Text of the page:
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UC Davis Medicine

UC Davis Medicine

Repairing the tiniest heart

Helping children return to their main job of growing up

Helping children return to their main job of growing upWhen a child needs the best possible care, families count on UC Davis Children’s Hospital. Whether it’s a broken bone, a fever that won’t go away, or a complex surgery, UC Davis Children’s Hospital provides world-class, compassionate, family-centered care to help children heal and return to their main job of growing up. Read more

Clayton Berg's story at UC Davis Children's Hospital

Fixing Ruby Munoz's heart

Xavier Smith with his mother Jessica Mendoza "My son Xavier was only 10 days old when he had open-heart surgery to fix a congenital defect. Basically, they had to rebuild his heart. Thanks to the surgeons, nurses and everyone else at the surgery center, he's doing great."

Major cardiovascular surgery is usually the concern of an aging adult, not a newborn baby with a heart the size of a strawberry. Yet that’s exactly the challenge that tiny Xavier Smith faced just days after coming home from the delivery room.

Xavier’s mother, Jessica Mendoza, had experienced a normal full-term pregnancy, and no one expected problems for Xavier. But soon after her release from the community hospital in rural Colusa, California, 22-year-old Jessica and her mother noticed that her baby boy wasn’t eating or breathing as well as he should be.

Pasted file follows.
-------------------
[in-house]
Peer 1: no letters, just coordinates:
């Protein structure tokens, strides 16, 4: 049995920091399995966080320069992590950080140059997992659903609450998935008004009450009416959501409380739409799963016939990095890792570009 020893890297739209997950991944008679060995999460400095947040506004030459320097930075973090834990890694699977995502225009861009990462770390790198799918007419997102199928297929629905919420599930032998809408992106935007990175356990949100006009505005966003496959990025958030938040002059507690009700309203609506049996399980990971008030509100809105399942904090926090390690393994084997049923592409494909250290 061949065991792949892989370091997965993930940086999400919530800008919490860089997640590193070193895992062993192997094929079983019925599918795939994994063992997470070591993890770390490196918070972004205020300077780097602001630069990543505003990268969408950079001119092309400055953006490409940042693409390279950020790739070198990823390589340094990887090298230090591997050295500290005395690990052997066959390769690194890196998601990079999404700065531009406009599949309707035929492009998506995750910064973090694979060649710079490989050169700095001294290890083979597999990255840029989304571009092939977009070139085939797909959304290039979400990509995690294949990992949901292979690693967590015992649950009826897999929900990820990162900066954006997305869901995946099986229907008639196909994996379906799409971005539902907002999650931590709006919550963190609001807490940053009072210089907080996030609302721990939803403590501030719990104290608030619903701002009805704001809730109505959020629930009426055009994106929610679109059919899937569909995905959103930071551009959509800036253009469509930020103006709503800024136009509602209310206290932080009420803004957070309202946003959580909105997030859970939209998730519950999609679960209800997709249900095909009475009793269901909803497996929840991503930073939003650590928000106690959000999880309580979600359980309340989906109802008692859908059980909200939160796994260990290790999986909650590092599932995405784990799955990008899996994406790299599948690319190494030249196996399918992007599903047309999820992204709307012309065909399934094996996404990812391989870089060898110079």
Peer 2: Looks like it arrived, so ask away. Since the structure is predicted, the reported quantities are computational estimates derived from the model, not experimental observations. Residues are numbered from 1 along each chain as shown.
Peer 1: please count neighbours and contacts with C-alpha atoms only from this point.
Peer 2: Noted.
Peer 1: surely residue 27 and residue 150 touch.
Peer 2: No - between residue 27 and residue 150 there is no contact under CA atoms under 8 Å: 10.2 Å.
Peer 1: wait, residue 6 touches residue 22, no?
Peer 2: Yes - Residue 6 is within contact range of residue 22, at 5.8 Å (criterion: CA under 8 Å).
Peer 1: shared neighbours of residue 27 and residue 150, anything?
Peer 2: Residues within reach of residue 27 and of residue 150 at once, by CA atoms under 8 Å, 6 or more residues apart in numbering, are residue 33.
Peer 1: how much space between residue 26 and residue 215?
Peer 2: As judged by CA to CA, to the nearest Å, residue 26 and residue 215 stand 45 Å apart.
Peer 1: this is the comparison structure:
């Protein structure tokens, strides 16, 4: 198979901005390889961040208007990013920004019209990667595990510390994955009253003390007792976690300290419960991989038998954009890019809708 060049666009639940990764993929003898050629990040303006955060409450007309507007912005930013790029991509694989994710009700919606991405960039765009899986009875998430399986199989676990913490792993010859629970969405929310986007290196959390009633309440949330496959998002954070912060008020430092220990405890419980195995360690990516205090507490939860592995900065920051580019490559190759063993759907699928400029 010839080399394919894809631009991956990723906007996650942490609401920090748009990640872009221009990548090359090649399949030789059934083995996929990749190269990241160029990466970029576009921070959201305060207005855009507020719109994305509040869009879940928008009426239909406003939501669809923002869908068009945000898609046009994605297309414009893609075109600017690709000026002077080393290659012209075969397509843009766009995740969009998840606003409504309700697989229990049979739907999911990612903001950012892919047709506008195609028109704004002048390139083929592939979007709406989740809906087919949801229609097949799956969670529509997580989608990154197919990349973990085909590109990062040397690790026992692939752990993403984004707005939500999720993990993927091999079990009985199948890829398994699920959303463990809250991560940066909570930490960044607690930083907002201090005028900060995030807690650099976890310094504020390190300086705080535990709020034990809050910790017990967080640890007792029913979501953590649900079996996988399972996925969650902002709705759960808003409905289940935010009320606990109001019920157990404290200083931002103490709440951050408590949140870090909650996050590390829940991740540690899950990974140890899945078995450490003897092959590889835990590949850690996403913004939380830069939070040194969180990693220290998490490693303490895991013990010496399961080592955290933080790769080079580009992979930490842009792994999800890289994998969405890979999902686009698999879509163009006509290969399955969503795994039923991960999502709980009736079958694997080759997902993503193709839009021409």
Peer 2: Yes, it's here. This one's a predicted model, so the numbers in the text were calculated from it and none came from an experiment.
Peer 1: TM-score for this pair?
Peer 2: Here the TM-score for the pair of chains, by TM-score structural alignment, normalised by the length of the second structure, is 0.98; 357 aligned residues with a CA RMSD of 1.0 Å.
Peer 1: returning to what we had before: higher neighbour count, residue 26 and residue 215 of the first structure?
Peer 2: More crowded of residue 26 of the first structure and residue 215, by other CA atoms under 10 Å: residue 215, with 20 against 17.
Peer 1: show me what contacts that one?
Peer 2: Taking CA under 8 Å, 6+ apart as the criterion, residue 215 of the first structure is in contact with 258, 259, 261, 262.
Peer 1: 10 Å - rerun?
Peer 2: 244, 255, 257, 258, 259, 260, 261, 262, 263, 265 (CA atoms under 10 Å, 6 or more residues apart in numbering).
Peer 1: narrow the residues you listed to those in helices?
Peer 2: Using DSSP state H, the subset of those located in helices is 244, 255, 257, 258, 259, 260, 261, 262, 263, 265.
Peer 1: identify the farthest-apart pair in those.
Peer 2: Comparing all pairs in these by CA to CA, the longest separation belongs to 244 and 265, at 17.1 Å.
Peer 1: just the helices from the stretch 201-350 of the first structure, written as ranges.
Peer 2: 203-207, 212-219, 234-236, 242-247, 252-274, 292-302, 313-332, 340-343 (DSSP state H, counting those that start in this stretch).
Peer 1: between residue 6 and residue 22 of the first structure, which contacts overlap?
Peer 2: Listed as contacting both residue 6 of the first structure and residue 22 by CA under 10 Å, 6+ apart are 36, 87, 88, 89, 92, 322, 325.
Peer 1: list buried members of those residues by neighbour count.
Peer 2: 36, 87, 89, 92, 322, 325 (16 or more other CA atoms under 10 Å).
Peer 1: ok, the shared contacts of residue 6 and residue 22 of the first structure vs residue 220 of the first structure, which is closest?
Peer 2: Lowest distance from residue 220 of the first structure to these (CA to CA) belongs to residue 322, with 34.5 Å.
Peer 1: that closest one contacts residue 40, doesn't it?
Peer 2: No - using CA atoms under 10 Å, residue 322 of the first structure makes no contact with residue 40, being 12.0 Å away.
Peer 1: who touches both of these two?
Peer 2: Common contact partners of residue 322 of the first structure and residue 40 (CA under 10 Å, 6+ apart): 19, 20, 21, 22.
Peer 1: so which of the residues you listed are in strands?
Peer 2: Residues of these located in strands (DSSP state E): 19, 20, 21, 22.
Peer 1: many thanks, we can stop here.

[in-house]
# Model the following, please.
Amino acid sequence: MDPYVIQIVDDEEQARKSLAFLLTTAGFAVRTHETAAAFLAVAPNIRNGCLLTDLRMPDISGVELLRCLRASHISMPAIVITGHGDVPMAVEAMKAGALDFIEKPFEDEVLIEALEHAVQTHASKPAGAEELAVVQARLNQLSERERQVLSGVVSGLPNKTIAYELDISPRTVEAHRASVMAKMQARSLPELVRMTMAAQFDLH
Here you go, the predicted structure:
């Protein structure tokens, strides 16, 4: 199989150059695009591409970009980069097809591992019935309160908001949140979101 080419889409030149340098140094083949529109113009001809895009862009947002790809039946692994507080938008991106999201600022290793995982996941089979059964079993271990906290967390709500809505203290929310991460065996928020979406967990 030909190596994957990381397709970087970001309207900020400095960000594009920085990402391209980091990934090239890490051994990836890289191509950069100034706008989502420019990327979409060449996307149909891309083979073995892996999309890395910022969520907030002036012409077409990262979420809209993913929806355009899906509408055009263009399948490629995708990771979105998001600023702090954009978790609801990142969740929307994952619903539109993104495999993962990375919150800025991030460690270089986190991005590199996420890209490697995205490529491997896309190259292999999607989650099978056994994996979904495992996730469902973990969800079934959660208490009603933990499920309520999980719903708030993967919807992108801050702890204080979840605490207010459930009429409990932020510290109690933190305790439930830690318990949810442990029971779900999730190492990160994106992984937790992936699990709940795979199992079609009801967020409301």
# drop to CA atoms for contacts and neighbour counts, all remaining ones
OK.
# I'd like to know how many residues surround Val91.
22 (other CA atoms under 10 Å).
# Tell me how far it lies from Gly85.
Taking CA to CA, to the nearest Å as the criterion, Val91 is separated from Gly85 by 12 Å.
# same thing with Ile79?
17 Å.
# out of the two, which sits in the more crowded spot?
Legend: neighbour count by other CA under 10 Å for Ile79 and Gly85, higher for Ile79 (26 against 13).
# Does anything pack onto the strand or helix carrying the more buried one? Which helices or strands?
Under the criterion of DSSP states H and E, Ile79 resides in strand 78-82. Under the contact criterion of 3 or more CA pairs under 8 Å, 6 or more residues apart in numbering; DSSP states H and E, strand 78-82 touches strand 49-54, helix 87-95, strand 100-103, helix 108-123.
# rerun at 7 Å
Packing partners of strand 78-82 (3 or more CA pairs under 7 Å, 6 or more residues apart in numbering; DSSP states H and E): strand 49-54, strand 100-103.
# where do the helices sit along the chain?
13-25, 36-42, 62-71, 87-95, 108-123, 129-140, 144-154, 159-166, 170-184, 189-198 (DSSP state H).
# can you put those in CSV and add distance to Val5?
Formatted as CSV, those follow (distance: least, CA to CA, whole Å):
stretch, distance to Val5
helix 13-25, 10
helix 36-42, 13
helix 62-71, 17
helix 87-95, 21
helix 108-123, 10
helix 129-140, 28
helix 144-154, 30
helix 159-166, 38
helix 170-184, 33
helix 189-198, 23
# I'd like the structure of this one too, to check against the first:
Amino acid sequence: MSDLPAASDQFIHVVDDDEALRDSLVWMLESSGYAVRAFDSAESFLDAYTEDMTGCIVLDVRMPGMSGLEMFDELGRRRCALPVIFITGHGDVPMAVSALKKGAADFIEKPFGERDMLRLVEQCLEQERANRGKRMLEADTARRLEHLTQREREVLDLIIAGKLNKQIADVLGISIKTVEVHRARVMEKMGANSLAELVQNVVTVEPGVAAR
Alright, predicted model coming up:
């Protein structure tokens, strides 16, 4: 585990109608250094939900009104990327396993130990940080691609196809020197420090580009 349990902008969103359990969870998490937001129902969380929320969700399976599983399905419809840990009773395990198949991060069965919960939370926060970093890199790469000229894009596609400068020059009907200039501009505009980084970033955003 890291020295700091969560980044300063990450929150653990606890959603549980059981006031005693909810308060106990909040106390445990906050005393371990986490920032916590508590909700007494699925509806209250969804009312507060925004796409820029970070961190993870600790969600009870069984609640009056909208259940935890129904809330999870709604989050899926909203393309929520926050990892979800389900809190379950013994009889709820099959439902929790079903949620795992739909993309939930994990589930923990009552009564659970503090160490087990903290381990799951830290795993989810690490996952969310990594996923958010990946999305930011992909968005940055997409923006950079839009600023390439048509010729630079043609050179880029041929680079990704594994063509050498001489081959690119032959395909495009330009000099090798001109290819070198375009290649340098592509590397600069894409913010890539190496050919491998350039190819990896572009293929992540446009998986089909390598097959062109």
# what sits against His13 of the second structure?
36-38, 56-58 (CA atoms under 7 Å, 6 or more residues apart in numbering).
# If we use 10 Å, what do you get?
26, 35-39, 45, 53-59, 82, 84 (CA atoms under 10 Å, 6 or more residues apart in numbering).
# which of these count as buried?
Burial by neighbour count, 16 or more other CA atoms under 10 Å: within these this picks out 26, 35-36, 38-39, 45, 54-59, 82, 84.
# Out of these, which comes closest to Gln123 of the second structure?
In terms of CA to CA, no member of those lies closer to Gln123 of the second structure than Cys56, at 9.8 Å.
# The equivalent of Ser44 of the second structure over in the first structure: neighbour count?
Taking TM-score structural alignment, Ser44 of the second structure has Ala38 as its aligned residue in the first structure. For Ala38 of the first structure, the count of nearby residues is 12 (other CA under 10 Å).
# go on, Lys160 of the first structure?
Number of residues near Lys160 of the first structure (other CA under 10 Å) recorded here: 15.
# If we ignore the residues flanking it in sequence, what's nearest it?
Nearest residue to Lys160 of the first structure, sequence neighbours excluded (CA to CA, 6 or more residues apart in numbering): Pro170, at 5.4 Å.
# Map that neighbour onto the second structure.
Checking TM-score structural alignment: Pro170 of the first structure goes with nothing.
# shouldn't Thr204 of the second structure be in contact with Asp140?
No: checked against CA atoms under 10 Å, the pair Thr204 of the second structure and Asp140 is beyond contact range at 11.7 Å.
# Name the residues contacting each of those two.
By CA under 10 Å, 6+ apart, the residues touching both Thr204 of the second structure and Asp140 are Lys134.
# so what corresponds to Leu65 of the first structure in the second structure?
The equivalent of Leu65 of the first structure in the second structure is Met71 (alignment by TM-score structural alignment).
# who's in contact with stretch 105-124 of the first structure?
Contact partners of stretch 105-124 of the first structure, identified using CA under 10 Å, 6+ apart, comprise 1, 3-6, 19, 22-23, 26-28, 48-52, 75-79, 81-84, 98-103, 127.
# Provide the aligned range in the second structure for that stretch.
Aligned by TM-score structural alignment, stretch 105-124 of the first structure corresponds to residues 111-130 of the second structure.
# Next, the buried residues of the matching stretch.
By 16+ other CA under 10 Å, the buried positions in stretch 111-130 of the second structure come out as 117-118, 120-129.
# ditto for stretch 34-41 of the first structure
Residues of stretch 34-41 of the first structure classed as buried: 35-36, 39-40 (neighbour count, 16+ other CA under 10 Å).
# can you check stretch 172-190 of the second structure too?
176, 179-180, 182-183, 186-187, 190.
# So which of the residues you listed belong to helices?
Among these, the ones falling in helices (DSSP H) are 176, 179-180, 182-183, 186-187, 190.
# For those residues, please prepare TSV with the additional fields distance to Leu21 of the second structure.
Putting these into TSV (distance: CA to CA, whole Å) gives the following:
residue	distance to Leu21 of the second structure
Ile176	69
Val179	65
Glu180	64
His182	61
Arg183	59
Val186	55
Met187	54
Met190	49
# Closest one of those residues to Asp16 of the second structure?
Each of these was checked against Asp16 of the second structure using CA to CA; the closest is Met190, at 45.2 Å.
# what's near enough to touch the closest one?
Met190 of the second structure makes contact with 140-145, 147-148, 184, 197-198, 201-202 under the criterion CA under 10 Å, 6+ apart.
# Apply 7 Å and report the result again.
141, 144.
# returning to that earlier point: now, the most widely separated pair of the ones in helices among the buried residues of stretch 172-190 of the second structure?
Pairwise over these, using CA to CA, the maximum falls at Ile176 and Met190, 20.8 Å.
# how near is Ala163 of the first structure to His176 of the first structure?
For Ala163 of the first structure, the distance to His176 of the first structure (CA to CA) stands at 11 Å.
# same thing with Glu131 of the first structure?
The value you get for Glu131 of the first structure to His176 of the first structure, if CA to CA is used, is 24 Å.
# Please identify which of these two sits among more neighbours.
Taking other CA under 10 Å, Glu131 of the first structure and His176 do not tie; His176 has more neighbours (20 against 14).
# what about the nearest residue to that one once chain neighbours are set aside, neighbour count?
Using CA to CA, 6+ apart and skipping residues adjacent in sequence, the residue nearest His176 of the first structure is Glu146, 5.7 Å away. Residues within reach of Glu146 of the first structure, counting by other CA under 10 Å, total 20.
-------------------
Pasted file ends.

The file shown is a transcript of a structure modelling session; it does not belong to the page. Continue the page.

Doctors at the local hospital consulted UC Davis experts, which led to an air ambulance ride to the Pediatric Heart Center at UC Davis Children’s Hospital. There, UC Davis specialists diagnosed a rare congenital heart defect that had been undetected during pregnancy.

The condition, known as hypoplastic left heart syndrome, leaves one side of the heart severely underdeveloped, often leading to massive organ failure within the first hours or days of life.

That process had already begun for Xavier. At just 10 days old he entered UC Davis Children’s Surgery Center where pediatric cardiothoracic surgeon Gary Raff performed the Norwood procedure, the first of a three-step surgical series to rebuild his heart and restore proper circulation of oxygen-rich blood to his body.

"I was scared and nervous – I didn’t know what any of this meant as far as what was going to happen to Xavier," Jessica said. "I’d never heard of congenital heart defects before. I was told not all babies survive through open-heart surgery with the disease that Xavier had."

UC Davis Children’s Hospital became the first in inland Northern California to establish the Norwood program, and the procedure itself is one of the most specialized that UC Davis surgeons perform.

Xavier recovered well from the first Norwood surgery and the second, a shunting procedure at three months of age. The third and final in the series, the Fontan procedure, will take place this fall.

"I think his care has been outstanding – all of the doctors at UC Davis are wonderful and do a great job of making sure I understand everything that goes on," Jessica said. "He is progressing very well and doing things other kids his age are doing."

Xavier is active enough that it can be difficult for a newcomer to tell he has heart issues at all. He tends to tire faster than other kids, but otherwise his condition isn’t obvious.

"He loves to play and walk around outside," his mother said. "He likes to watch football and basketball on TV, and he is already really into electronics."

In other words, typical stuff for any healthy young guy.

UC Davis Medicine > Fall 2014

Fall 2014

Fall 2014 Issue Cover
Fall 2014 Issue

UC Davis Children's Hospital promotes a lifetime of health

Repairing the tiniest heart